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Type of Location:
About Location


Places to Visit
How to Reach

By plane

There is no commercial airport in Kragujevac. The closest are located in Belgrade (150 km to the North) and Niš (150 to the South).

By bus

This is the most recommendable option when visiting Kragujevac. The drive from Belgrade lasts for 2 hours and tickets can be purchased at Belgrade's bus station for about 10 euros round trip. Center of the city is easily reachable from the central bus station in 10 minutes.

By train

Kragujevac can be also reached by train and the train station is located next to the central bus station. This mean of transport is, however, not recommendable, as it takes much more than by bus and there is not direct connection from Belgrade, so you would have to change train in Lapovo. Nevertheless, if you are arriving from the south of the country, train might be worth considering.

By car

Located in the center of the country, Kragujevac has good connection to highway E-75, leading to Belgrade and Niš. Parking is not a problem in the city.

Key places to visit
Sumarice, The circle of Prince Milos, The building of Grammar School (Gymnasium), Amidza’s Lodgings, The Old Church, The City Hall, The Prince Mihailo's Palace


Places to Visit


sumarice Memorial park dedicated to the memory of the victims of 21st October's shooting. All tombs in Memorial park are connected to 7 km long circular road. At the entrance of Memorial park, a monumental building of the Museum “21st October” is built in which architecture symbolic of Kragujevac’s tragedy is emphasized.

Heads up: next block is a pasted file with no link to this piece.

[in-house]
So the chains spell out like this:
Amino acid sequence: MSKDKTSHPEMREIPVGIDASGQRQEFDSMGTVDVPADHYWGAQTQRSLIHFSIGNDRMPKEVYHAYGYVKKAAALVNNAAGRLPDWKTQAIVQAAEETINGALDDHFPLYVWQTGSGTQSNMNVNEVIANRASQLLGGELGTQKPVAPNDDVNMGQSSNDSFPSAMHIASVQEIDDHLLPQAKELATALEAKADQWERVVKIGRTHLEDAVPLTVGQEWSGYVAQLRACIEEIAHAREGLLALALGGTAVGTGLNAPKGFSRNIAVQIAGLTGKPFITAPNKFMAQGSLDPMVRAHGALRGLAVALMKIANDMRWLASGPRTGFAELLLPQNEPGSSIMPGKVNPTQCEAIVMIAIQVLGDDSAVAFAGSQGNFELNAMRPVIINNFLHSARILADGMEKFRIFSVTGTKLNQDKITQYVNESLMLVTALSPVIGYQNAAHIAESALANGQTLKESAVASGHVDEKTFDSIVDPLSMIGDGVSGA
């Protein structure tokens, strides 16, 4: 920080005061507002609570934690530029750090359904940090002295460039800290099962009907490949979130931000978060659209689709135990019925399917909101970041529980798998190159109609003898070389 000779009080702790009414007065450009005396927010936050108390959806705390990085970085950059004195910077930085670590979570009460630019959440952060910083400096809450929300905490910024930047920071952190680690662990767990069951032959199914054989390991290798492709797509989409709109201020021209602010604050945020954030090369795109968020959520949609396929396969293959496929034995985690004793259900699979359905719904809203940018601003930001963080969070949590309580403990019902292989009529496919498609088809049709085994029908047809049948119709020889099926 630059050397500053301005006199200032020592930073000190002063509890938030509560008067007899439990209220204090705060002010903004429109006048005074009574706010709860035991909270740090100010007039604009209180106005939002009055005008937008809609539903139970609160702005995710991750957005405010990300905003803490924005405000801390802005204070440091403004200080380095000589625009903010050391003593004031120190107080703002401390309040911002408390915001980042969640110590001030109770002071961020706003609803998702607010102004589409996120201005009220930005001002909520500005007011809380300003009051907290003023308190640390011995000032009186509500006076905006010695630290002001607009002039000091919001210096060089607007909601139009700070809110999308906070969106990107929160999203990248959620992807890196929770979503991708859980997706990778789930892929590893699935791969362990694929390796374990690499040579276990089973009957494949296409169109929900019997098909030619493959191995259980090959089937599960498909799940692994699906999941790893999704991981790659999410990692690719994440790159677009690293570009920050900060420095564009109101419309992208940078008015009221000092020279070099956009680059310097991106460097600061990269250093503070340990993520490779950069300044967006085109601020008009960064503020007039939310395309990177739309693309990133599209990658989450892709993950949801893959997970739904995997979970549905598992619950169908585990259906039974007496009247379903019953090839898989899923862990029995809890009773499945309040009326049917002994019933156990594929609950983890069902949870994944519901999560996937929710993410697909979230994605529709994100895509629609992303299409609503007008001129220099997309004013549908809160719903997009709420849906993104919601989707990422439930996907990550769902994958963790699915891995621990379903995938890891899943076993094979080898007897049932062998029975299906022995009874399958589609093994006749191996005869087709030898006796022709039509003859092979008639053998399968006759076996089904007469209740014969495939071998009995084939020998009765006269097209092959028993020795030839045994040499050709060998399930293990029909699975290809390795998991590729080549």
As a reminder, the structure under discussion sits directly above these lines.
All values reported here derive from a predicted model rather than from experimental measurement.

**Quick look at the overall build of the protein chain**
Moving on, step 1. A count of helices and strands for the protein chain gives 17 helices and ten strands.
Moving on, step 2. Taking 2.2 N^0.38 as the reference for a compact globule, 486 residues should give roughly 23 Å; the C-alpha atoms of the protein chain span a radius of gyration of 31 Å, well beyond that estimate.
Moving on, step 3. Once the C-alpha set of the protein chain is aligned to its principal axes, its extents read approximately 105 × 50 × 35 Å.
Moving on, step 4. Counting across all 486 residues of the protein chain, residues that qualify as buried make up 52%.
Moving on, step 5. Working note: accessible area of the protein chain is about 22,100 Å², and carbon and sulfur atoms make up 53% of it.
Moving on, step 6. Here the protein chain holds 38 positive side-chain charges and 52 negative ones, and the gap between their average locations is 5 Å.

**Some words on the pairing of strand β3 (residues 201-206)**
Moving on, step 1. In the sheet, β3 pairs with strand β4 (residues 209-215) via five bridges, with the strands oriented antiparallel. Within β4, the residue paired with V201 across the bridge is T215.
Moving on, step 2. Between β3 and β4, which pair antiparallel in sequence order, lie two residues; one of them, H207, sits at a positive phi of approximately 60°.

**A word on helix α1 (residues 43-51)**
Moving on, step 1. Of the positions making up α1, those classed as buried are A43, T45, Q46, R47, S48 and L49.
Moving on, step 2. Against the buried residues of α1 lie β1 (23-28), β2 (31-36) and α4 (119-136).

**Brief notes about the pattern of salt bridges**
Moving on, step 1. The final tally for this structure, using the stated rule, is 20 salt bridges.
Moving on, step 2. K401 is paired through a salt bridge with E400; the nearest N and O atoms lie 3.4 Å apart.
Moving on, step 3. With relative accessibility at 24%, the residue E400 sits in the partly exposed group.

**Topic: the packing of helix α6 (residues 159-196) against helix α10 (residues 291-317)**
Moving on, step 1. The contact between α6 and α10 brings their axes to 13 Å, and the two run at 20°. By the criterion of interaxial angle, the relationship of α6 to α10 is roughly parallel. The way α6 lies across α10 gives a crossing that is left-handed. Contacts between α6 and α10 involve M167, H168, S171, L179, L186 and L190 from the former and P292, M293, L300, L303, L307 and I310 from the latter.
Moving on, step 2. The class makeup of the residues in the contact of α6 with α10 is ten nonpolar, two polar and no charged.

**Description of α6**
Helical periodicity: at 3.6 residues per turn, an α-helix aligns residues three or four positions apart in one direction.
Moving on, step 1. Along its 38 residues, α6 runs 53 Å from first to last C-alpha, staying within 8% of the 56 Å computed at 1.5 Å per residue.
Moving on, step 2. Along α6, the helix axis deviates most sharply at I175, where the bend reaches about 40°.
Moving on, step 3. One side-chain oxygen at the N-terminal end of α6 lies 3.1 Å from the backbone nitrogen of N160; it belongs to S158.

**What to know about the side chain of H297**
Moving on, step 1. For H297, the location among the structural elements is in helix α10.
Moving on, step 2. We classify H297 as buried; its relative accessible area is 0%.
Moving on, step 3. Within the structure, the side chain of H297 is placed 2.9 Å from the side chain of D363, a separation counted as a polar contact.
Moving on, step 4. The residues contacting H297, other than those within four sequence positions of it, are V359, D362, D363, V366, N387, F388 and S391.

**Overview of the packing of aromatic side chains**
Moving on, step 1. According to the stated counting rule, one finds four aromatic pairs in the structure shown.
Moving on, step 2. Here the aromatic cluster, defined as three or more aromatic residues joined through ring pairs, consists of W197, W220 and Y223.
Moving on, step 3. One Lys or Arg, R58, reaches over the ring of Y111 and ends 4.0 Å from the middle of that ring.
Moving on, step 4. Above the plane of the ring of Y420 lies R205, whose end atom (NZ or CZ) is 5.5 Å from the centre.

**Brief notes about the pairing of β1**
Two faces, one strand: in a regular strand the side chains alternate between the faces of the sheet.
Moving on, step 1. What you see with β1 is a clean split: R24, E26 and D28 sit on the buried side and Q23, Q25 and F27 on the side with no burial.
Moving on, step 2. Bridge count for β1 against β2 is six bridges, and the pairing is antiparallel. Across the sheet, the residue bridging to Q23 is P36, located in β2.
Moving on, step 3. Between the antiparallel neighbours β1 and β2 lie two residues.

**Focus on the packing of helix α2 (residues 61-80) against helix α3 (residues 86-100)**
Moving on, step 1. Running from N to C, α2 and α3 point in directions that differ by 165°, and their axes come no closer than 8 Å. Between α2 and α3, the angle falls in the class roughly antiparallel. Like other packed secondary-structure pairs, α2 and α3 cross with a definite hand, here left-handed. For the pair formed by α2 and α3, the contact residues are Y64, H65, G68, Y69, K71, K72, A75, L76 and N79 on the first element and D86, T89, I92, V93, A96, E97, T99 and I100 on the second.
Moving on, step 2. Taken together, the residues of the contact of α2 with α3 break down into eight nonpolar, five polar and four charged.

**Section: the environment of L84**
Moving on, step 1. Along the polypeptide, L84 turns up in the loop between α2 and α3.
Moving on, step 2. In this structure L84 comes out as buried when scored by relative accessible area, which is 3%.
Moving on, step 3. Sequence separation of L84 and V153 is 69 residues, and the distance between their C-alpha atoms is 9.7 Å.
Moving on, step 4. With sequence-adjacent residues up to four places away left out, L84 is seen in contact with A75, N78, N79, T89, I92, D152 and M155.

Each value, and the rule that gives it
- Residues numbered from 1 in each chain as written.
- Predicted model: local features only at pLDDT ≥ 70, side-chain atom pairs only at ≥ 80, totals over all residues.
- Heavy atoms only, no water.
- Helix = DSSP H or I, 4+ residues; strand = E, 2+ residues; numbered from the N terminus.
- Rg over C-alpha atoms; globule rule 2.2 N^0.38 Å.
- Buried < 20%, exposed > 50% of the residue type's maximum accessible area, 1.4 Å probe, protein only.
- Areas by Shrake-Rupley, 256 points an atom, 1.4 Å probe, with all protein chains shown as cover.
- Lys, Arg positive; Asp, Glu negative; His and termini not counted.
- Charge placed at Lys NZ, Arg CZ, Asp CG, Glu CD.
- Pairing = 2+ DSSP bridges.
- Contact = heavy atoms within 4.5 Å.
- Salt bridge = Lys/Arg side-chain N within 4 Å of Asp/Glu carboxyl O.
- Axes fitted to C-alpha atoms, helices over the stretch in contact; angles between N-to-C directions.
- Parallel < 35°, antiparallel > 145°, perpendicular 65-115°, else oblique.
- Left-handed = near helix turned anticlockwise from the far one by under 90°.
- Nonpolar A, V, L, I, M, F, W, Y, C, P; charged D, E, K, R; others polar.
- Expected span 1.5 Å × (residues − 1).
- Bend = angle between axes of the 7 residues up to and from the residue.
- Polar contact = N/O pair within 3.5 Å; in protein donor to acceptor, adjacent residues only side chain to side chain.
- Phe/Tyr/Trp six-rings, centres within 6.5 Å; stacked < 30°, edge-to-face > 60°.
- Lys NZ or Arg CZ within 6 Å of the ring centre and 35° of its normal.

The circle of Prince Milos

cultural-historic complex, includes buildings that, with their architecture and function, maintain a historic image of the city, from the period when Kragujevac was the capital (1818-1841), until the beginning of 20th century.

The building of Grammar School (Gymnasium)

one of the most monumental school buildings built in Serbia in 19th century. It was built in 1887 and then the first grammar school in Serbia, found in 1833, got its building. It was built in academic style. The architect is unknown. During the WW2, on October 21st 1941, German soldiers took many of the school’s students and professors to the execution. One of the classrooms was turned into the Memorial classroom, dedicated to this tragic event.

Amidza’s Lodgings

The only one still preserved building from the complex of Miloš’ court and it is a part of the National museum. It got it’s name after the headmaster of the Prince’s court, Sima Milosavljević-Paštrmac called Amidža (uncle). Amidža’s Lodgings was built in 1818 and it represents Balcan-oriental style. The lodgings served as a dormitory for the young men from Miloš’s escort.

The Old Church

Built in 1818 by Prince Miloš Obrenović. The church is dedicated to the Descent of The Holy Spirit on Apostles. The first bell from this church rang in 1829. The old church was first bishop’s cathedral and court chapel in liberated Serbia. In the churchyard, almost all important decisions for the Serbian people were proclaimed. The First Serbian Constitution was adopted there in 1835.

The City Hall

Built in a typical socialistic architecture, the building might be very interesting to someone used to Western culture.

The Prince Mihailo’s Palace

Built in 1860. The building is European with one floor, built after the pattern of Austrian classicism, modest in it’s dimensions and ornaments. Directory of the National museum and museum’s library are now placed in it.

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